Structural Isomerism

Structural isomerism

Isomerism is the phenomenon in which two or more compounds have the same molecular formula but different structures, and therefore, different properties. One of the types of isomerism is structural isomerism, which is further classified into different subtypes.

 

Chain isomerism

 

Chain isomerism is a subtype of structural isomerism in which two or more compounds have the same molecular formula but different carbon skeletons. In other words, their carbon atoms are arranged in different ways.

 For example, C5H12 represents three different compounds that are chain isomers: n-pentane, 2-methylbutane, and 2,2-dimethylpropane.

In n-pentane, the five carbon atoms are arranged in a straight chain, while in 2-methylbutane, the carbon chain is branched at the second carbon atom. In 2,2-dimethylpropane, the carbon chain is highly branched and the molecule is symmetrical.

 Chain isomerism is important in organic chemistry because it can affect the physical and chemical properties of a compound, such as its boiling point, melting point, and reactivity.

 

 

Position isomerism

Position isomerism is a type of structural isomerism where two or more compounds have the same molecular formula but differ in the position of a functional group or substituent atom on the carbon skeleton.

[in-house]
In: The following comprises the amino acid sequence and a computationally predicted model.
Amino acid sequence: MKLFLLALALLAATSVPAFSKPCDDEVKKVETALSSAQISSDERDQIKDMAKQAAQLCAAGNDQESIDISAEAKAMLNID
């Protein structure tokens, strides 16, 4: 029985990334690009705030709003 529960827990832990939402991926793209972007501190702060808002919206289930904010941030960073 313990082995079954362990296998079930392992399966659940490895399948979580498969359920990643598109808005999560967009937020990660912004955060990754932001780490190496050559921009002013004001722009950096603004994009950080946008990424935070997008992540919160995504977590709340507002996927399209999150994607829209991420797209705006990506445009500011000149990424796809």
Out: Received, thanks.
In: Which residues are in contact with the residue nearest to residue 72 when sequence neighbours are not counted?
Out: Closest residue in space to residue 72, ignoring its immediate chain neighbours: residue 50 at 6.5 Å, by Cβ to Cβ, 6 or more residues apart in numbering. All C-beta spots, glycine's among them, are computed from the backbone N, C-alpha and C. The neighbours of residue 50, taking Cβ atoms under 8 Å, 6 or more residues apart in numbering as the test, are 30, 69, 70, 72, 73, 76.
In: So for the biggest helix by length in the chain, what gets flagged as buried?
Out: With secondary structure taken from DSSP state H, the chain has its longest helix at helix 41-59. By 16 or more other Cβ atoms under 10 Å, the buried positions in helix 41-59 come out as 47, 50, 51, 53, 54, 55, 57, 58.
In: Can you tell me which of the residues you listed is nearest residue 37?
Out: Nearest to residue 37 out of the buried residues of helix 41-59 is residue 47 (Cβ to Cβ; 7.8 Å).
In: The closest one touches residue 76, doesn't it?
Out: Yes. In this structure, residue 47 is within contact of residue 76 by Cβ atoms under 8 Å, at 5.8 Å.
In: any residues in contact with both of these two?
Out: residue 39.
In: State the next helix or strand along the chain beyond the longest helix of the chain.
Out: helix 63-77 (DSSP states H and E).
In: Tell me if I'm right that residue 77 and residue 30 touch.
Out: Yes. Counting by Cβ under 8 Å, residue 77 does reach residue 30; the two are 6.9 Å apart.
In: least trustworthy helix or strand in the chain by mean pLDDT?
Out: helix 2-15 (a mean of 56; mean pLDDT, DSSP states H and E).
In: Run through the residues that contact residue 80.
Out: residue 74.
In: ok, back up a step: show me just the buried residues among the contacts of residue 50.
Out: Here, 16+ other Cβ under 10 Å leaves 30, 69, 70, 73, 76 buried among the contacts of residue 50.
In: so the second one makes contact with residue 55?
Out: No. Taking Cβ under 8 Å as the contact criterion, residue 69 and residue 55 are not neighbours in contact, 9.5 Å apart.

In the given example, the molecular formula C3H8O represents two alcohols, which are position isomers.

The two alcohols that can be formed with the given molecular formula C3H8O are propan-1-ol and propan-2-ol. Propan-1-ol has the hydroxyl (-OH) group attached to the first carbon atom, whereas propan-2-ol has the hydroxyl group attached to the second carbon atom.

 Thus, in position isomerism, the molecular formula remains the same, but the position of the functional group or substituent atom on the carbon skeleton changes, leading to the formation of different isomers with distinct chemical and physical properties.

 

 

Functional group isomerism

Functional isomerism is a type of isomerism where two or more compounds have the same molecular formula but different functional groups. In the given example, the molecular formula C3H6O represents two compounds with different functional groups - an aldehyde and a ketone.

 

In an aldehyde, the functional group is a carbonyl group (-CHO) which is located at the end of a carbon chain. In the given example, propanal is an aldehyde with the molecular formula C3H6O. On the other hand, in a ketone, the carbonyl group (-C=O) is located in the middle of a carbon chain. The other compound represented by the molecular formula C3H6O is propanone, which is a ketone.

 

 

Metamerism

 

It arises due to different alkyl chains on either side of the functional group in the molecule. For example, C4H10O represents methoxy propane (CH3OC3H7) and ethoxyethane (C2H5OC2H5).